The Lodge has received over a score of gifts from members, organizations and friends. The first gift was a number of aprons from Souhegan Lodge No. 38, I. O. O. F., typical of friendly relations that have continued through the years. Other gifts included paraphernalia, pictures, gavels, etc. The Francis H. Emerson Charity Trust Fund, a bequest of $500, was received from the estate of Bro. Emerson in 1924.

The most outstanding Masonic social event of the half century was the banquet tendered to the Lodge April 6, 1900, at Young's Hotel, Boston by Bro. James Clifton Pearson. At that time the Lodge membership was 194, and 159 members attended the elaborate event. Grand Master Charles T. Gallagher and District Deputy Walter S. Parker, of Reading, were among the distinguished guests. The toastmaster was Bro. Samuel K. Hamilton; and Squire Hamilton was some toastmaster! Wor. Bro. James Driver designed special menu folders and nothing was left undone by Bro. Pearson, who provided a special train to convey the Lodge members to and from Boston.

The brilliancy of the event was overshadowed by grief for all Lodge members within a year, for Bro. Pearson was stricken with appendicitis'and died suddenly January 9, 1901, at the age of 36. Bro. Pearson was a native of Wilmington where he worked on his father's farm. It was his ambition as a boy to be able to earn $2.00 a day. Members of the familv came to Wakefield in the middle '90's. Bro. Pearson was a shoe salesman for a while and then acquired a patent on a coated nail, and soon the Pearson Coated Nails were nationally known. His rise was rapid and he invested in crude materials, iron ore, etc. With J. P. Morgan he formed the American Bridge Company and was the second largest owner of stock, Mr. Morgan holding the largest number of shares. Everything he touched seemed to turn to money, and he was a multimillionaire at the time of his death.

Bro. Pearson was much interested in Masonry and among his intentions was the erection of a Masonic Temple as a gift to the Lodge on the old Dr. Brown property, on the north corner of Chestnut and Main streets. He would have undoubtedly endowed the gift for he was far-sighted in business.


Golden Rule Lodge has had only four Secretaries, Treasurers, and Tylers in 50 years. The Secretaries were Bros. Willis S. Mason, William H. Atwell, Jr., Ralph E. Sewell, and Richard W. Long, the present official whose copperplate records attract the admiration of all. Bro. Atwell served 25 years.

The Treasurers were Bro. Everett W. Eaton, who served 20 years, Charles B. Bowman, George W. Abbott, and James L. Locke, the present Treasurer.

The Tylers have been Bros. John F. Whiting, Daniel P. Rolfe, Judson Hunt, and Edmund Robinson, the present Tyler who has served over 25 years.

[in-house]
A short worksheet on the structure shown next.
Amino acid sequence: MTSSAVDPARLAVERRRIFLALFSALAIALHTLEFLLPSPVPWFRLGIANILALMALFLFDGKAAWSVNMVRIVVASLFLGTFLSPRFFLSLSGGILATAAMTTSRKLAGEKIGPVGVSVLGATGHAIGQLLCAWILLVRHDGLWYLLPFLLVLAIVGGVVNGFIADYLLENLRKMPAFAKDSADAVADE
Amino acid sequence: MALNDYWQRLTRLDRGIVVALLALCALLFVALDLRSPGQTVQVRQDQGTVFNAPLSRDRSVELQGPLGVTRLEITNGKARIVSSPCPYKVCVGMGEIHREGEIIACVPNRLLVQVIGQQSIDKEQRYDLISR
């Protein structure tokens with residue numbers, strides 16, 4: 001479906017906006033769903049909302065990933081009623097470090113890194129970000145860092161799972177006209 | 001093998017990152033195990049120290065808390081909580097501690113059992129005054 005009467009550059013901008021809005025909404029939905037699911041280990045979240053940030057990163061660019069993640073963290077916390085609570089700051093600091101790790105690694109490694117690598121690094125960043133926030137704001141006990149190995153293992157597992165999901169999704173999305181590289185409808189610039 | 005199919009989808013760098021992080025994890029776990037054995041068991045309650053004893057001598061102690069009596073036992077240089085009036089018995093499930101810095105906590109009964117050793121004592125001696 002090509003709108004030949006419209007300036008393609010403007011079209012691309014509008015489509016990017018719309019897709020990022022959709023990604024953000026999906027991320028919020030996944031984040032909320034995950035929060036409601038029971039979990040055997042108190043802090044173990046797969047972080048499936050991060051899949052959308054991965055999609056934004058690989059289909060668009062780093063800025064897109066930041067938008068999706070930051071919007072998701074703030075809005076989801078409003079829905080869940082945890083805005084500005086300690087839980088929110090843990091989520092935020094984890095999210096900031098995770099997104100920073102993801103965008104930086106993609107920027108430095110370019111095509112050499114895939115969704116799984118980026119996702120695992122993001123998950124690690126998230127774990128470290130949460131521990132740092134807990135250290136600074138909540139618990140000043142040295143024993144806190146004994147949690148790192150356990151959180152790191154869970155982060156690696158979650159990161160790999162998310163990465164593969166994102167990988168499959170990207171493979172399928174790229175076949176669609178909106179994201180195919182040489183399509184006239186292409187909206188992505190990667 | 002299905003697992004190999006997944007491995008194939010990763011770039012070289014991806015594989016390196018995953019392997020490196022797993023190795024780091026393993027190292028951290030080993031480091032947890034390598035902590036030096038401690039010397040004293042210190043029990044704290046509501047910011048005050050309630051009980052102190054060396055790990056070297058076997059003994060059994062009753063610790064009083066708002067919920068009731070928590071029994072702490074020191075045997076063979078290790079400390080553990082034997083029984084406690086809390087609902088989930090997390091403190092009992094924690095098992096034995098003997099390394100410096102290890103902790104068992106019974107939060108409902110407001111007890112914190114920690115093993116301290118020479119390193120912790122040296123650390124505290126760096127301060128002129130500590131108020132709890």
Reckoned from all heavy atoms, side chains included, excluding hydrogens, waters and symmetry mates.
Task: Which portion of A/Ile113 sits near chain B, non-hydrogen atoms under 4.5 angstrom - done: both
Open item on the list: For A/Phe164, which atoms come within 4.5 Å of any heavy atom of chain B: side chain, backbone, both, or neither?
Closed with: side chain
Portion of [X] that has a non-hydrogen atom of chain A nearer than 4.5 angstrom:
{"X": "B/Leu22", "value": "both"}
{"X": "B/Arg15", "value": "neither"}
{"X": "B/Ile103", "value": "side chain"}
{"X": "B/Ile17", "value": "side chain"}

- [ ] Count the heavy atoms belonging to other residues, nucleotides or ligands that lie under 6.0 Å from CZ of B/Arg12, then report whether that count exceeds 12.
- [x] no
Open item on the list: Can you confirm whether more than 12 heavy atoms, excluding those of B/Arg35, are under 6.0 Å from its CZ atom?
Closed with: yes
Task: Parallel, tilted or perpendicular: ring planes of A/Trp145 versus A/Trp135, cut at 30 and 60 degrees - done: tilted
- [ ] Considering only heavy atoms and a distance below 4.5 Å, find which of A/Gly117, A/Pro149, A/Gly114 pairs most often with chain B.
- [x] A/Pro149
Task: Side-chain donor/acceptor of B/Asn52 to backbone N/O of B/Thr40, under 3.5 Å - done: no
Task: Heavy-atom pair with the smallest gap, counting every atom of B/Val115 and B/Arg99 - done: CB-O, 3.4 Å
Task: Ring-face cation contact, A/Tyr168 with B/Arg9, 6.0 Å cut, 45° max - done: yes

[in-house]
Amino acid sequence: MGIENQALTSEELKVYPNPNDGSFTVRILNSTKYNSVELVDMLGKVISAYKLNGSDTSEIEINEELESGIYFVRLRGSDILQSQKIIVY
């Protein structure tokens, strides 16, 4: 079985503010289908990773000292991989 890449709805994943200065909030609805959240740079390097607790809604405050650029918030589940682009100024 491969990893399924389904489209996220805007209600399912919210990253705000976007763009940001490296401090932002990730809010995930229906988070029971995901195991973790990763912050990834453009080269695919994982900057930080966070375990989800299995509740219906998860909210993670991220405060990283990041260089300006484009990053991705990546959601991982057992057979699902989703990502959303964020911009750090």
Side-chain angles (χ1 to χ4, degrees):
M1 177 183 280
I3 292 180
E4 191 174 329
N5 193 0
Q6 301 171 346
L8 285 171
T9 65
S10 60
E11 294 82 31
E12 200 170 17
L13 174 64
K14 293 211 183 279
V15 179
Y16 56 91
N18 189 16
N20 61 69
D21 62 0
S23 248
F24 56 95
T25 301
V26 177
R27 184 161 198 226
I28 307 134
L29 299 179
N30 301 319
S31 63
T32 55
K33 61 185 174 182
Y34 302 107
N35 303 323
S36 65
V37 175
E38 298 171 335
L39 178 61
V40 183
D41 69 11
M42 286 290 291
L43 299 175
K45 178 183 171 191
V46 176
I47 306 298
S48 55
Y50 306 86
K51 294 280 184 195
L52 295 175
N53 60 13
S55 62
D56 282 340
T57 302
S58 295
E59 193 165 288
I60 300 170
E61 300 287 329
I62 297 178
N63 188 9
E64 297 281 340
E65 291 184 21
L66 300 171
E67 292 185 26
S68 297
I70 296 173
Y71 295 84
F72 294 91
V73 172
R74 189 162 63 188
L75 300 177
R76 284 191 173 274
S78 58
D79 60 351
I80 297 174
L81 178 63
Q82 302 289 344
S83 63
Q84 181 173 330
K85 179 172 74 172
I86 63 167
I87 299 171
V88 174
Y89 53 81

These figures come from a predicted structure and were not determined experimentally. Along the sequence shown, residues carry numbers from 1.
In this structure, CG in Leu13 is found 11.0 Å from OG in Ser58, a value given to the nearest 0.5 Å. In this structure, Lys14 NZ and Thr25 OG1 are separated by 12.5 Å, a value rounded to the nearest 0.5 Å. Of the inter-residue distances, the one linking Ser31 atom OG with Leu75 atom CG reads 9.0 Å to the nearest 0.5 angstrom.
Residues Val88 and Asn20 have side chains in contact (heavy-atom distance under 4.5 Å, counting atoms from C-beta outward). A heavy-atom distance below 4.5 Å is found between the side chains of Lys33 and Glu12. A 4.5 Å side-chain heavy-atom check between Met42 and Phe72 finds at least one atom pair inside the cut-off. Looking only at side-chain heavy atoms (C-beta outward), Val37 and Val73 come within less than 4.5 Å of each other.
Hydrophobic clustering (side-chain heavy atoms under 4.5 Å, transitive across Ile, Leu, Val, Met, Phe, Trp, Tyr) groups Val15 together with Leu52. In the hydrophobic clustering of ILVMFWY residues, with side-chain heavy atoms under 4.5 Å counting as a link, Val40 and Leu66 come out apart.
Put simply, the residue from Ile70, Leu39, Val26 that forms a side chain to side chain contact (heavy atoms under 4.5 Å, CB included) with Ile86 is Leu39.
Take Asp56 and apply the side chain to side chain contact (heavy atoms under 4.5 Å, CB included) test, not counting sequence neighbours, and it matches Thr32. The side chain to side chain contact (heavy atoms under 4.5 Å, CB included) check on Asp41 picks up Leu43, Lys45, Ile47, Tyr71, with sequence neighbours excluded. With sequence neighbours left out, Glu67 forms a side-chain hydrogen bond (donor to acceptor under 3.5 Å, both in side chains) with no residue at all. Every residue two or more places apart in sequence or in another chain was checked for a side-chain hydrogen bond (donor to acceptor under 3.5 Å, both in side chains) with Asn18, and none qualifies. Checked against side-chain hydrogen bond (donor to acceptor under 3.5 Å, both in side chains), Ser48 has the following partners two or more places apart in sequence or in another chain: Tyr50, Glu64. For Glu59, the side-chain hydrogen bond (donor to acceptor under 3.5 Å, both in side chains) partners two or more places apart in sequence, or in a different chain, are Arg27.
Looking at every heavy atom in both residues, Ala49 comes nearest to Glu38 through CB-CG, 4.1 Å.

There have been 35 Masters of the Lodge: 5 each in the first and second decades, 7 each in the 3rd and 4th decades and 11 in the 5th decade, including the present Worshipful Master.

Two Past Masters have served as District Deputy Grand Masters, Rt. Wor. W. F. Deadman and Rt. Wor. L. L. McMaster.

A Past Master of another lodge is an affiliated member of this Lodge, and there have been five who have thus been affiliated, four of whom are now deceased.

Appropriate observances were made on the 25th anniversary of the Lodge in 1913, when a reception was tendered to the newly appointed District Deputy, Rt. Wor. W. F. Deadman.

The 40th anniversary was in 1928, when seven Charter members were living. At the 45th anniversary in 1933, Two charter members were present, Bros. C. A. Bowser and J. W. Grace.

During the World War Golden Rule Lodge upheld traditions of the Fraternity. Thirty-three members of the Lodge including our present Wor. Master, enlisted in various branches of the service. Unfortunately one member, Bro. Herbert E. Biggs, died of pneumonia Jan. 13, 1918, at Camp McArthur Aviation Field, Texas. A roll of honor bearing the names of Brethren who enlisted is displayed on the wall in the Lodge-room. The Lodge contributed generously to the local War Chest and bought Liberty Loan bonds, besides making liberal contributions to Masonic funds. Members of the Lodge worked unselfishly on local relief work.

Four fathers have witnessed the installation of their sons as Wor. Masters: Wor. Bro. W. D. Deadman and Bros. H. M. Dolbeare, Campbell D. Hines, of John Abbot Lodge, and Harry L. Daly, whose sons were respectively, Rt. Wor. William F. Deadman, Wor. Bros. Cyrus M. Dolbeare, Joseph A. Hines, and Leonard M. Daly.

Eight Wor. Bros. have had the privilege of raising their sons to the sublime degree of Master Mason: Wor. Bros. William D. Deadman, Richard S. Stout, Arlon S. Atherton, Walter F. Perkins, Forrest A. Seavey, Arthur S. Hill, J. Kenneth MacDonald, and Lauren L. McMaster. Wor. Bro. Hill was the only one who conferred this degree while presiding in the East.

The Past Masters' Association of the Seventh Masonic District was organized in November, 1913, largely through the efforts of the late Wor. Bro. Thomas F. Ringer who was the first temporary Secretary and Treasurer. Nine Past Masters of Golden Rule Lodge were among the Charter members. Golden Rule Lodge has been in the 7th Masonic District from the start. On Dec. 27, 1926, the district was divided and designated as the Malden and Melrose districts, with Golden Rule Lodge assigned to the Melrose section. Since 1888 four Lodges bave been formed in the entire district: Lodge of Stirling, Malden, in 1910; Fidelity Lodge, Melrose, in 1918; Galilean Lodge, Everett, in 1921 and Mount Scopus Lodge, Malden, in 1930. Fifty years ago Mount Carmel Lodge and Golden Fleece Lodge, both of Lynn, were in the 7th District.